Last strontium battery removed

The last of the remaining radioactive sources used to provide power to lighthouses in the Barents Region was removed on September 1st. Norway has been involved with the removal of the dangerous strontium batteries from the 180 lighthouses along the Barents Sea and White Sea coastal areas.


The removal of the last radioisotope thermoelectric generator (RTG) from a lighthouse on the Island of Vaigach happend without any problem. State Secretary in the Norwegian Ministry of Foreign Affairs, Elisabeth Walaas, visited Vaigach together with a joint Norwegian and Russian delegation to overlook the removal. The strontium battery was taken onboard a vessel and shipped to the servicebase for Russia’s nuclear powered icebreakers, Atomflot, in Murmansk.

Since 1998 Norway has, in consultations with Russian authorities, financed the removal of RTGs and replaced them with environmentally friendly solar cell technology. The Norwegian Government has spent more than $20 million on the RTG removals with the aim to avoid radioactive contamination of the marine- and terrestrial environments.

Also, it is important to remove the strong radioactive sources from the remote - and unguarded, areas to prevent unwanted access to sources of radioactivity.

According to information from the County Governor of Finnmark in Norway, there have been four attempted thefts from lighthouses powered by strontium batteries in the northern areas.  The County Governor of Finnmark is the project manager on the Norwegian side, while the removals are coordinated by Rosatom on the Russian side.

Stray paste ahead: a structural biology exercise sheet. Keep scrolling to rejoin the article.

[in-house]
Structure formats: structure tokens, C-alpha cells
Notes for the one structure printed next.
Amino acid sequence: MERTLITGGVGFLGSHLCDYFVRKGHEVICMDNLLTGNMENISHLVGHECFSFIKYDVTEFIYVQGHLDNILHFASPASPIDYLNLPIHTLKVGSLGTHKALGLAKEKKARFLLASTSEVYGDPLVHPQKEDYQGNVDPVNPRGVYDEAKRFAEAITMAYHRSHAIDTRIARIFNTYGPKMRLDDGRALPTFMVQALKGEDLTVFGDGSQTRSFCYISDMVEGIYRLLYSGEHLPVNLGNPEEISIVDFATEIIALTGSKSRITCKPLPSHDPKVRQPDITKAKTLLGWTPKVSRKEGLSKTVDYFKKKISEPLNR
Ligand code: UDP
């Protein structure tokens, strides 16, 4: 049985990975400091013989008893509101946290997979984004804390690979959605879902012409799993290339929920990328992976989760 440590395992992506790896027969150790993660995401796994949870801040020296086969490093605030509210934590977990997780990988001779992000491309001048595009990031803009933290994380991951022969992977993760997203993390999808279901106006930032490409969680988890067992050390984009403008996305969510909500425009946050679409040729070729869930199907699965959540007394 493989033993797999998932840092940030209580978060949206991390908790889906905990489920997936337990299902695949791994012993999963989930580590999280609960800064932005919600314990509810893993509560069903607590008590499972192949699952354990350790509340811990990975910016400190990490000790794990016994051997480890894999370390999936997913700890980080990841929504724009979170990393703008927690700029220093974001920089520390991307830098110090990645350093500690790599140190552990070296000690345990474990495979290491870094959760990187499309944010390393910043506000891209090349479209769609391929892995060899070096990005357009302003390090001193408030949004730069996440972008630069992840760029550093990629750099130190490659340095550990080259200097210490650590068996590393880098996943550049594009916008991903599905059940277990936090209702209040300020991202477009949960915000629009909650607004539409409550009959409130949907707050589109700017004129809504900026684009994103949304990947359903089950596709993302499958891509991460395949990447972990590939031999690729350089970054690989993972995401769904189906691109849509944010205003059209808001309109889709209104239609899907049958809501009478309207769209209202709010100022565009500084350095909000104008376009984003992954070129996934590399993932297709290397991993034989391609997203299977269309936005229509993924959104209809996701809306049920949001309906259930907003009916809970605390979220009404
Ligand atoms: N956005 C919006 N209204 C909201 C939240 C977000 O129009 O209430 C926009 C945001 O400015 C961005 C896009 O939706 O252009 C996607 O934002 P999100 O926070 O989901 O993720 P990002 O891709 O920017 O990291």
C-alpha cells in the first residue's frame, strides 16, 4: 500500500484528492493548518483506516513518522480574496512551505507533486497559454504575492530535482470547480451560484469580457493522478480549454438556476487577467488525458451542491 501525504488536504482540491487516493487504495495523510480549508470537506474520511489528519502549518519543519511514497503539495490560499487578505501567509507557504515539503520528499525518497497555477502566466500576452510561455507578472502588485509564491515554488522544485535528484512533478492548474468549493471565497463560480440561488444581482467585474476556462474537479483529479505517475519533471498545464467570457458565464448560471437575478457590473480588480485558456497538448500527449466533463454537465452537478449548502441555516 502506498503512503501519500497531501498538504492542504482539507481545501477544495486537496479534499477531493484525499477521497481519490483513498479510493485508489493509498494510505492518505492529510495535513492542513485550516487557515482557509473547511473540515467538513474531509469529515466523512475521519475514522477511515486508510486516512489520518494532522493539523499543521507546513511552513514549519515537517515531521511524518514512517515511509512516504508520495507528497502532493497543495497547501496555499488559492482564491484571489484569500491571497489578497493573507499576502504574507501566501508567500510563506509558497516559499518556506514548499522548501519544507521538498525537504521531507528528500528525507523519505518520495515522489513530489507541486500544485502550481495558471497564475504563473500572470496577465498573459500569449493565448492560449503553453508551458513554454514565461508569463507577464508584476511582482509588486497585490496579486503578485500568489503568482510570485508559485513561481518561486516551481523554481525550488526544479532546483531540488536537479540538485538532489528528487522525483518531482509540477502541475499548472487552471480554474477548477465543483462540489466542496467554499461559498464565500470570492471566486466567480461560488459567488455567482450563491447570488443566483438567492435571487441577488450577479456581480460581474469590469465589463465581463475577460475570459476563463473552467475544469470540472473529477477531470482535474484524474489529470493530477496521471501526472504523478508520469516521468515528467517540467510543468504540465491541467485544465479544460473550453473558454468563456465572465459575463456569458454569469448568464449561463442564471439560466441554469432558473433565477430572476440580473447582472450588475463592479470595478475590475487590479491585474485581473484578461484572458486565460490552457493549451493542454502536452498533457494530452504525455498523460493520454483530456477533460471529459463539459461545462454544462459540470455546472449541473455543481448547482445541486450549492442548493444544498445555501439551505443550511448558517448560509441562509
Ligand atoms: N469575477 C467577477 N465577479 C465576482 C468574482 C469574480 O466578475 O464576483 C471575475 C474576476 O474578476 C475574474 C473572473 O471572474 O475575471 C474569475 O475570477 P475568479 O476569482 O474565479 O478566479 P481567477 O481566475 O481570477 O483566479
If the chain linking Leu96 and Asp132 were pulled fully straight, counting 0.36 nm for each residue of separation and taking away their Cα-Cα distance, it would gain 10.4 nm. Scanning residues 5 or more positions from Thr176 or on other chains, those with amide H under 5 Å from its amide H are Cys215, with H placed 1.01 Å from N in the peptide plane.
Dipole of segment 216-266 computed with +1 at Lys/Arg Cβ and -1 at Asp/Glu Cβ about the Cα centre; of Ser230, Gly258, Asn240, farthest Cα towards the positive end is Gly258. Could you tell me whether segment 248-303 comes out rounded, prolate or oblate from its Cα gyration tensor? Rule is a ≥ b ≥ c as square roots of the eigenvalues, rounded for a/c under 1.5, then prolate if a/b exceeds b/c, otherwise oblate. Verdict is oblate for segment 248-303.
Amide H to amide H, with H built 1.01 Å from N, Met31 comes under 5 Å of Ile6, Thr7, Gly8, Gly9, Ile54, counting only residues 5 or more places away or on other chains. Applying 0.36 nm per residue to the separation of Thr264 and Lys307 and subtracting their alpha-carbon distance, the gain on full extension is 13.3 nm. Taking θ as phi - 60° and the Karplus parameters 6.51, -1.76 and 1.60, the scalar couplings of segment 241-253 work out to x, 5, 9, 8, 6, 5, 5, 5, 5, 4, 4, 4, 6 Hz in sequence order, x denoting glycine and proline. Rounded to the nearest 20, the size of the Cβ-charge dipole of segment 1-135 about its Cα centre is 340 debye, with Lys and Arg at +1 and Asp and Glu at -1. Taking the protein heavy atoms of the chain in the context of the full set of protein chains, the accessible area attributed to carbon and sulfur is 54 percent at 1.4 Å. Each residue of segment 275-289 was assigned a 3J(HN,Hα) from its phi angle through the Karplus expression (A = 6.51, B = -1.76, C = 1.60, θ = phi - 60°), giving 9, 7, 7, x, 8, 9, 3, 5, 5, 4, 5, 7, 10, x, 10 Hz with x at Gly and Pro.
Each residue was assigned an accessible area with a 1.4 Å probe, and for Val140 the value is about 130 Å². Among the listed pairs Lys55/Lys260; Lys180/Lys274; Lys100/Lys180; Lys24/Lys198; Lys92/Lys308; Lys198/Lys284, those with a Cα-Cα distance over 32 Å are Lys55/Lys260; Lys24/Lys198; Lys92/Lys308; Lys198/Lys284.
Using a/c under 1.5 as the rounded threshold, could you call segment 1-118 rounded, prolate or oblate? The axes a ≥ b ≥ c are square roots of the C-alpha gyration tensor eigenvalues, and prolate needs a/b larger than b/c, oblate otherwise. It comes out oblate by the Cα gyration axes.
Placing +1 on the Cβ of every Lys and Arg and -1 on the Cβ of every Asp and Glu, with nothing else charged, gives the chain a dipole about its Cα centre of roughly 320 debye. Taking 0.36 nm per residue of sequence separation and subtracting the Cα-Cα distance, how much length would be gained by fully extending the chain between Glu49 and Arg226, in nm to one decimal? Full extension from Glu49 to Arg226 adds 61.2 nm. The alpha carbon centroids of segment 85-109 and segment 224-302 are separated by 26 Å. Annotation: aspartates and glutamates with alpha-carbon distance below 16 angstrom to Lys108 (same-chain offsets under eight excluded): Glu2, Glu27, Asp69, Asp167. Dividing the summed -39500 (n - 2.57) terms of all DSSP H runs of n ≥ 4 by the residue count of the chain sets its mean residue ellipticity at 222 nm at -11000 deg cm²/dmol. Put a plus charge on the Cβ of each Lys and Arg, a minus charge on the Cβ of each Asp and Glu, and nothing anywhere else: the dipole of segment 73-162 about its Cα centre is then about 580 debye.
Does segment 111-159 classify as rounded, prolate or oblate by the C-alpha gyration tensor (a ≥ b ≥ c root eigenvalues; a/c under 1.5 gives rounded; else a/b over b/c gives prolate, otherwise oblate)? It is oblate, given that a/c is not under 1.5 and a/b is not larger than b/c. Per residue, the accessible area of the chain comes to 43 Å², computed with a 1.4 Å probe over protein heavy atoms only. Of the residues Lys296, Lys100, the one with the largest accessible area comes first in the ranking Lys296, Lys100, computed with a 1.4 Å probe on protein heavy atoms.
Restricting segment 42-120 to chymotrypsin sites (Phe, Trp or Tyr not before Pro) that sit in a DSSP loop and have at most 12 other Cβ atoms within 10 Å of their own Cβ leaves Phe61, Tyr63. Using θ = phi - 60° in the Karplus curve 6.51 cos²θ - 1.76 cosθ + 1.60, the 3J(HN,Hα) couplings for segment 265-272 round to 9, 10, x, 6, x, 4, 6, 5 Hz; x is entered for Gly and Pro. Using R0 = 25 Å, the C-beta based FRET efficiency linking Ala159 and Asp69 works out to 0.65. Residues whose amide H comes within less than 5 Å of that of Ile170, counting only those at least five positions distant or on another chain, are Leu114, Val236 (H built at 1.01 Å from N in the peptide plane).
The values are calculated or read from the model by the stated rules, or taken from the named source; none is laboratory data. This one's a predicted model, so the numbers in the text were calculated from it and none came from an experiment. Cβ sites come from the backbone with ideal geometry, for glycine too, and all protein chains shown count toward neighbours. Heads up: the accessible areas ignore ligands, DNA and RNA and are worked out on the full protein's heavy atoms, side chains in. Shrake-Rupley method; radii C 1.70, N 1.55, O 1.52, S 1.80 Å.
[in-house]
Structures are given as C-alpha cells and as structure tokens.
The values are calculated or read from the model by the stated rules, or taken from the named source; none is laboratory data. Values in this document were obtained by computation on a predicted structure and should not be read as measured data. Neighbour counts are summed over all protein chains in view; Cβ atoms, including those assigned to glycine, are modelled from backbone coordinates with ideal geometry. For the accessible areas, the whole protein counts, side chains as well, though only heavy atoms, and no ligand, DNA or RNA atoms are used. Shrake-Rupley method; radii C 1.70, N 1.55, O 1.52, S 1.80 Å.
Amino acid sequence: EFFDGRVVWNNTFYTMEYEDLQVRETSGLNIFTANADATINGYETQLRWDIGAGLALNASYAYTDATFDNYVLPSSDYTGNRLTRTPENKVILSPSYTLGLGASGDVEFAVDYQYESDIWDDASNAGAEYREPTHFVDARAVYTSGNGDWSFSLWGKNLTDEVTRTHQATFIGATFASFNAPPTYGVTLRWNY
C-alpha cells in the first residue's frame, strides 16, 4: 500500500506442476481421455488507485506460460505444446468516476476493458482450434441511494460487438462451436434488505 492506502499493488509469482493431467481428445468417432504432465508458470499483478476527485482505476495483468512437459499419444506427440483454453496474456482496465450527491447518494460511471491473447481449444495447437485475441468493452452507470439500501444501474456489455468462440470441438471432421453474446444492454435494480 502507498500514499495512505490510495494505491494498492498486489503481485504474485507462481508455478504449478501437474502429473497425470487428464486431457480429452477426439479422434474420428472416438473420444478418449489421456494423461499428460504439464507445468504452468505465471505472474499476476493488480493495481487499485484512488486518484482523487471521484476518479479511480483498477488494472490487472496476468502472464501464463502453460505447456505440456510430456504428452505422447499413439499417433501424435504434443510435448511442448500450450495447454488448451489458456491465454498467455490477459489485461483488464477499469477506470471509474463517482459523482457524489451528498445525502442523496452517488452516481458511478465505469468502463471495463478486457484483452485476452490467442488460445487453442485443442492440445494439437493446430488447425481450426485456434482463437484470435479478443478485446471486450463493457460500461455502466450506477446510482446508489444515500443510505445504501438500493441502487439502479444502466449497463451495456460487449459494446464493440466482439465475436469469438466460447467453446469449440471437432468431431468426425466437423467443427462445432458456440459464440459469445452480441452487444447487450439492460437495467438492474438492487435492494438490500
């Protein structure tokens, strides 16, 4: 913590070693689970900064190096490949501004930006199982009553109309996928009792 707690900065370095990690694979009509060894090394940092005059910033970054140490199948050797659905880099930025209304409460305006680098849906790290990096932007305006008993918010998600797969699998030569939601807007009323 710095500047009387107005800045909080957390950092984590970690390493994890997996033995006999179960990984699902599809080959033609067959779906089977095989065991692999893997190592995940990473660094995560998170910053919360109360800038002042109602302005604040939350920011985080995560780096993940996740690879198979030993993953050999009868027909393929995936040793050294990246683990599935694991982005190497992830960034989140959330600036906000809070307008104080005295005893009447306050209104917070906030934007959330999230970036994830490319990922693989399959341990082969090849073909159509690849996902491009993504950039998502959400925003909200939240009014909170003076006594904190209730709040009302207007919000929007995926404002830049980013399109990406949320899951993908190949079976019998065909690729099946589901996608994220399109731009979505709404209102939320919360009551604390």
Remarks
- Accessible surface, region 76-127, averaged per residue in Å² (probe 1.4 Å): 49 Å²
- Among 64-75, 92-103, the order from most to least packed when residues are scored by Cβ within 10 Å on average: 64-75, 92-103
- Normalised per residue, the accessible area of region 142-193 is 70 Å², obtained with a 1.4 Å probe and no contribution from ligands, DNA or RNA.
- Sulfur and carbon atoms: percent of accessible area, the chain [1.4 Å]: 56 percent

After removal the radioactive sources from the RTGs are sent to the Mayak plant in the South Urals for long-term storage.

The first lighthouses with RTGs to be removed were those near the border to Norway west of the Fishermen’s Peninsula on the Barents Sea coast. Originally there were 180 RTGs in the Barents Region. Half of them were removed before 2006. As of 1 January 2006, there were 84 RTGs in the Murmansk, Arkhangelsk and Nenets regions, including those on Novaya Zemlya. During the autumn of 2006, six RTGs were removed from the area by the White Sea. In 2007 the remaining 21 RTGs in Arkhangelsk as well as some from Novaya Zemlya were removed. In 2008, a total of 46 RTGs in Nenets Autonomus area and on Novaya Zemlya were removed.

The last 11 RTGs on the islands of Novaya Zemlya, Kolgoyev and Vaigach are removed now.

After the inspection on Vaigach, State Secretary Elisabeth Walaas will travel to the Kola Peninsula where Norway and Russia cooperates on several other nuclear safety projects, including decommissioning of retired nuclear powered submarines. On Wednesday next week, the annual meeting in the Bilateral Commission for Nuclear Safety will take place in the Pasvik valley near the Norwegian border town of Kirkenes. 

As of January 2009, Norway has granted just over NOK 1.4 billion for nuclear safety work in Northwest Russia.

According to the Norwegian Action Plan on Nuclear Safety; Norway will continue to finance the removal of Russian RTGs from coastal areas. Now, when all RTGs are removed from the Barents Region, the work starts with the RTGs in the Leningrad and Kaliningrad regions. Here, 71 RTGs needs to be removed.